History of Wigan Warriors - Late 20th Century

Late 20th Century

Wigan celebrated its centenary year in November 1972, with a match against Australia at Central Park, on Saturday 17 November, the result finished as an 18–18 draw.

Wigan pulled off a surprise victory 19–9 over Salford in the Lancashire Cup Final played at Wilderspool, Warrington on Saturday 13 October 1973. Cup holders Salford had lost only one match before the final, against the touring Australians.

Ted Toohey became coach of Wigan in May 1974 before being sacked in January 1975, setting the pattern of coaches lasting one or two seasons before being replaced. Joe Coan (who coached St Helens to multiple victories) took control until he resigned in September 1976, the board accepted his decision "with reluctance". Vince Karalius took over but was sacked in September 1979.

Kel Coslett was coach between October 1979 and April 1980. In 1980, Wigan were relegated from the top flight for the first time in the history of the club and Coslett was replaced by George Fairbairn. During the second division season the club recorded a record average attendance for the division of 8,198. Wigan won promotion to the top flight the following season but Fairbairn lasted no longer than May 1981.

Maurice Lindsay came to Wigan in the early 1980s to join directors Jack Robinson, Tom Rathbone and David Bradshaw. Wigan became one of the first teams to go full-time professional in the league which led to an upsurge in the fortunes of the club.

Between February and October 1987 Wigan won a record 29 games in succession: 20 Division One matches, 3 Premiership Trophy matches, 4 Lancashire Cup matches, 1 Charity Shield final, and 1 World Club Challenge final. Wigan defeated the Australian club, Manly-Warringah, 8–2 in front of a crowd of over 38,000 at Central Park for an unofficial World Club Championship. It was the first time a team of Englishmen had beaten a team of Australians at rugby league since 1978. From 1988 to 1995, Wigan won the Challenge Cup eight seasons in a succession; this period was Wigan's most successful period. The club won the Championship seven times, League Cup four times, Premiership Trophy three times, Charity Shield twice and three World Club Championships. Wigan played in a special 2 match challenge series against Bath RFC in 1996, with one game played under league rules, and the other under union rules. Wigan won the league game 82–6 at Maine Road, but lost the return union game 44–19 at Twickenham.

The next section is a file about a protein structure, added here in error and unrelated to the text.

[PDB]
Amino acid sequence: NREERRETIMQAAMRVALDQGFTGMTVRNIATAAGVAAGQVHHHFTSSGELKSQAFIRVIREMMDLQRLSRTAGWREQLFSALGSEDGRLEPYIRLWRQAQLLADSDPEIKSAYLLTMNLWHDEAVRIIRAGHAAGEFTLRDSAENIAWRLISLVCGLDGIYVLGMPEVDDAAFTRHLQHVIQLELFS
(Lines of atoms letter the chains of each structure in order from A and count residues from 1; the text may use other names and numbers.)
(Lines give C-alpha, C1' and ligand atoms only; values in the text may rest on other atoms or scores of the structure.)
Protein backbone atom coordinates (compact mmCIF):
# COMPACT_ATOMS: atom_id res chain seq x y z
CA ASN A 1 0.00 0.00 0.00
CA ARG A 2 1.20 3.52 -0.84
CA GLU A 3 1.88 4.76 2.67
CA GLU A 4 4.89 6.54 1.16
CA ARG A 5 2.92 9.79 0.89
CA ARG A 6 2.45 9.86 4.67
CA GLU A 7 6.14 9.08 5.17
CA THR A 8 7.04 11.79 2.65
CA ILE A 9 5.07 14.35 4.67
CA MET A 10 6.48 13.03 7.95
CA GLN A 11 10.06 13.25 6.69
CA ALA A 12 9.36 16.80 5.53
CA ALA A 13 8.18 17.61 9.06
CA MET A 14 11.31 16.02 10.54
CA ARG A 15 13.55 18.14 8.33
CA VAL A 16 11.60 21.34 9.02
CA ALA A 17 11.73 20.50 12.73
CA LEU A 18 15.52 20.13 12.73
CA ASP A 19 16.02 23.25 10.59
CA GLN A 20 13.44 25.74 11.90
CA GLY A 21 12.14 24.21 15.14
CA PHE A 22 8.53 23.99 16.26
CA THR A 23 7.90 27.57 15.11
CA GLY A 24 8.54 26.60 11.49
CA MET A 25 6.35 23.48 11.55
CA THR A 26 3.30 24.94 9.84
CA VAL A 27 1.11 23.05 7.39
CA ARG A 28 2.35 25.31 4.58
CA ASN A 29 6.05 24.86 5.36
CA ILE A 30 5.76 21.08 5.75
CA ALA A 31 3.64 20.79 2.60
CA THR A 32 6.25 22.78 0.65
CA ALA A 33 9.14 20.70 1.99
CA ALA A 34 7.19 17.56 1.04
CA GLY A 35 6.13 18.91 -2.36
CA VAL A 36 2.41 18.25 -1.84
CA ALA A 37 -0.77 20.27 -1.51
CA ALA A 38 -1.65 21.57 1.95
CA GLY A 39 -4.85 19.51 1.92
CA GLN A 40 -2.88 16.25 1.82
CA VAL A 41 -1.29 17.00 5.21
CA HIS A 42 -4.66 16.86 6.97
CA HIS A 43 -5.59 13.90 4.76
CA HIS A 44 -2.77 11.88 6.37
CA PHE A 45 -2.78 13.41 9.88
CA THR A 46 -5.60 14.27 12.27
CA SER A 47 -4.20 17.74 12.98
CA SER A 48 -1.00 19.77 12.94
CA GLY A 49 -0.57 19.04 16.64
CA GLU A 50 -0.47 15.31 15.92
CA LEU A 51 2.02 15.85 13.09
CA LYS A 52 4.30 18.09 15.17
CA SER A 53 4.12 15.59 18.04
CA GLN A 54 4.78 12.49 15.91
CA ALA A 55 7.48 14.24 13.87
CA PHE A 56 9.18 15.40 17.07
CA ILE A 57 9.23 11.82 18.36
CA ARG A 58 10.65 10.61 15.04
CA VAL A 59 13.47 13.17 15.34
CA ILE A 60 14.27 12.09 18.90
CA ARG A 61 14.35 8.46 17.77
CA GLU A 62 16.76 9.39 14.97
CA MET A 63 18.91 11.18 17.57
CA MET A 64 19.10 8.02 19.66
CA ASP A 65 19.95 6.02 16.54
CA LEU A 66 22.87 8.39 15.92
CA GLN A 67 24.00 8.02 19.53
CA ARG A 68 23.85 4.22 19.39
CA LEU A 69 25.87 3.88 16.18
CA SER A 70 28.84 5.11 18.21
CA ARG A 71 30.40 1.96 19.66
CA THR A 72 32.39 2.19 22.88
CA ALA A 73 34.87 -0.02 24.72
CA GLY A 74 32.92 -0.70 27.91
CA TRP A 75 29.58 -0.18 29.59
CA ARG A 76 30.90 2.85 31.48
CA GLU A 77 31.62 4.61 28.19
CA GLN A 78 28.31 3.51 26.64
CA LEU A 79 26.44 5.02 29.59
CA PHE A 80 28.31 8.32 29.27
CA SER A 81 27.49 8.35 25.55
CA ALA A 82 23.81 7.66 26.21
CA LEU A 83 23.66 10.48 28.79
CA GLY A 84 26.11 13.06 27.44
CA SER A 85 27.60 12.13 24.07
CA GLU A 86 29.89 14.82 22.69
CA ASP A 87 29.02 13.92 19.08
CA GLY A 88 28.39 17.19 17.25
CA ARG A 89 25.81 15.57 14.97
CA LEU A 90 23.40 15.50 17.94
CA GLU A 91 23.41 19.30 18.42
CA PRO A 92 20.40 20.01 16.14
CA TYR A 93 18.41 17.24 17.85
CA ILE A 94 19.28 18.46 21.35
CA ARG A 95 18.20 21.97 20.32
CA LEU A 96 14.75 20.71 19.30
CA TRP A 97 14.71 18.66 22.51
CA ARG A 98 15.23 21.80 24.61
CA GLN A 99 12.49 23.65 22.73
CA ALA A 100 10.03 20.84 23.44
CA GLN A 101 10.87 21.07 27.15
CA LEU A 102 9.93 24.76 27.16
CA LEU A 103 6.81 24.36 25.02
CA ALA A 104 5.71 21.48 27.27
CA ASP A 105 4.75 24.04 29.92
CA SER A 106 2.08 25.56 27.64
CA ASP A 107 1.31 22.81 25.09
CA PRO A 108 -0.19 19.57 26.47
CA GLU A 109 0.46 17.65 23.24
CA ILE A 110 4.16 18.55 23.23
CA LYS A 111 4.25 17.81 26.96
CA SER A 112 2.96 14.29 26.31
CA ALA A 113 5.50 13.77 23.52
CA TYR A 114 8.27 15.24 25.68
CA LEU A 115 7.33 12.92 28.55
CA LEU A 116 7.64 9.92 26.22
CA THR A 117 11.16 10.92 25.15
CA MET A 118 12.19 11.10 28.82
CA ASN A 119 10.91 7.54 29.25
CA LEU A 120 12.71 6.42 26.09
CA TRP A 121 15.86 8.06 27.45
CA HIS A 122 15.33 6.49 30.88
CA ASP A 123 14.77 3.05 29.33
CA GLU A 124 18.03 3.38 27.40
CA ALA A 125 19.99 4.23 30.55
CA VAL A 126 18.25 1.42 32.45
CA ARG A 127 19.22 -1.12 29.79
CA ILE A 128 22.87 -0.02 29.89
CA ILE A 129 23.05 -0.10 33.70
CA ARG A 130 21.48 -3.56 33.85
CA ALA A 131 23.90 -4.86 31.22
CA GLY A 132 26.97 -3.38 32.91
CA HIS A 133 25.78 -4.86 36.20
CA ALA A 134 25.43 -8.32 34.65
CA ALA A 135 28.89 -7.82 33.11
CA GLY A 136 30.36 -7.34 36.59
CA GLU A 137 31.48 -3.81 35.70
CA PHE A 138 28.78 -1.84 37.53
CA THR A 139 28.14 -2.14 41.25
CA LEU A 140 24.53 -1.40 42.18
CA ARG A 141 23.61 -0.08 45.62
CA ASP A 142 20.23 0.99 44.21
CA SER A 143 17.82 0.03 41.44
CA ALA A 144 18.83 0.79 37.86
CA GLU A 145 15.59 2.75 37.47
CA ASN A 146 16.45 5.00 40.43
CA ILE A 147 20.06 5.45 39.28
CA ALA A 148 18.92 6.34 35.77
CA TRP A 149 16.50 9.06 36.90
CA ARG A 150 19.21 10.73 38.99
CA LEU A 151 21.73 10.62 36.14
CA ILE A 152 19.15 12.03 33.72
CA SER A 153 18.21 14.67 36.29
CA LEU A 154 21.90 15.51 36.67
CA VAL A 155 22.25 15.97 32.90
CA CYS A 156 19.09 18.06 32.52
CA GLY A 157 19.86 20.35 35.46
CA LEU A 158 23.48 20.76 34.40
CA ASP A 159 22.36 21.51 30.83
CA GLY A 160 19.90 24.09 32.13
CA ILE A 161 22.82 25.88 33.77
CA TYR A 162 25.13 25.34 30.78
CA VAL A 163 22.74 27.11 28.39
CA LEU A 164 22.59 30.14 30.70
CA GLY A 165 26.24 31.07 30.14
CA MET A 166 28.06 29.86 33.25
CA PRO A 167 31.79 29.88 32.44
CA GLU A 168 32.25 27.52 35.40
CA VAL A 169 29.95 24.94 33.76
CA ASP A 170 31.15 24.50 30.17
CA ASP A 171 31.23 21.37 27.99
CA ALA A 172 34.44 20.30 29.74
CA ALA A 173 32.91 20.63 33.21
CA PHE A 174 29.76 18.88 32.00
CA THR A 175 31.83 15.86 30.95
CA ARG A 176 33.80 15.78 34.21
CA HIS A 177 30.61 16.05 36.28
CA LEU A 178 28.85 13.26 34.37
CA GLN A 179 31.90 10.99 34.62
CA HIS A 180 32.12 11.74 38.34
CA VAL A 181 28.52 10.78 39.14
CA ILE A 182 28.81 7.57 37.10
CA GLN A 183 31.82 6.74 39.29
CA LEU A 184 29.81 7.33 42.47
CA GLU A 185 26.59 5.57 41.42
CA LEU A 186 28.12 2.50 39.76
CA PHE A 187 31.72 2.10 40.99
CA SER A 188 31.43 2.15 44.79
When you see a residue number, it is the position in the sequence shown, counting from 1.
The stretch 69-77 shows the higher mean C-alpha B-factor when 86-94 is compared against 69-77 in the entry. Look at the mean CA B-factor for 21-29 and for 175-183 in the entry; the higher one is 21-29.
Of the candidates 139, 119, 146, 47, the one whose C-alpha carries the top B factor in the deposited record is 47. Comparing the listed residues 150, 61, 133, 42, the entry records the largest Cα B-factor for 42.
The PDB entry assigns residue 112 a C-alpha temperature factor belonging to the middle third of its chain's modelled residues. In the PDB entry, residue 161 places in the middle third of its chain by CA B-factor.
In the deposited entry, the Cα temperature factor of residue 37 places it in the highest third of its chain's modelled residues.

In July 1996 Andy Farrell was named the Wigan club's captain.

In 1997, the club was renamed Wigan Warriors. Wigan's dominance was threatened with the new fully professional league, the introduction of the salary cap and the 20/20 rule. After going out of the Challenge Cup to Salford in 1996 and St Helens in 1997, Wigan returned to Wembley for the final time in 1998. Still undefeated in the league and coach, John Monie never h aving lost a cup tie, meant Wigan were favourites against Sheffield Eagles. But on 2 May 1998 the Eagles caused the biggest upset in the competition's history with a 17–8 win.

Wigan won the Minor Premiership and the first Super League Grand Final in 1998 with a 10–4 victory over Leeds Rhinos at Old Trafford Stadium in Manchester.

In November 1999, coach Andy Goodway was sacked by chairman Maurice Lindsay after the Warriors' failure to win a trophy for the first time in 15 years. After a buy-out by Dave Whelan, both the Warriors and the town's football team, Wigan Athletic, moved to the JJB Stadium. As part of the rugby league's "on the road" scheme Wigan Warriors met Gateshead Thunder at Tynecastle, Edinburgh. Maurice Lindsay returned as director. Wigan's final game at Central Park was against arch rivals St Helens on Sunday 5 September 1999 . Ellery Hanley returned as St Helens coach but a Jason Robinson try meant the game was won by Wigan 28–20. The first game at the new stadium was a defeat in a Super League play-off match against Castleford Tigers on 19 September 1999.

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Famous quotes containing the word late:

    Arrive in the afternoon, the late light slanting
    In diluted gold bars across the boulevard brag
    Of proud, seamed faces with mercy and murder hinting
    here, there, interrupting, all deep and debonair,
    The pink paint on the innocence of fear;
    Walk in a gingerly manner up the hall.
    Gwendolyn Brooks (b. 1917)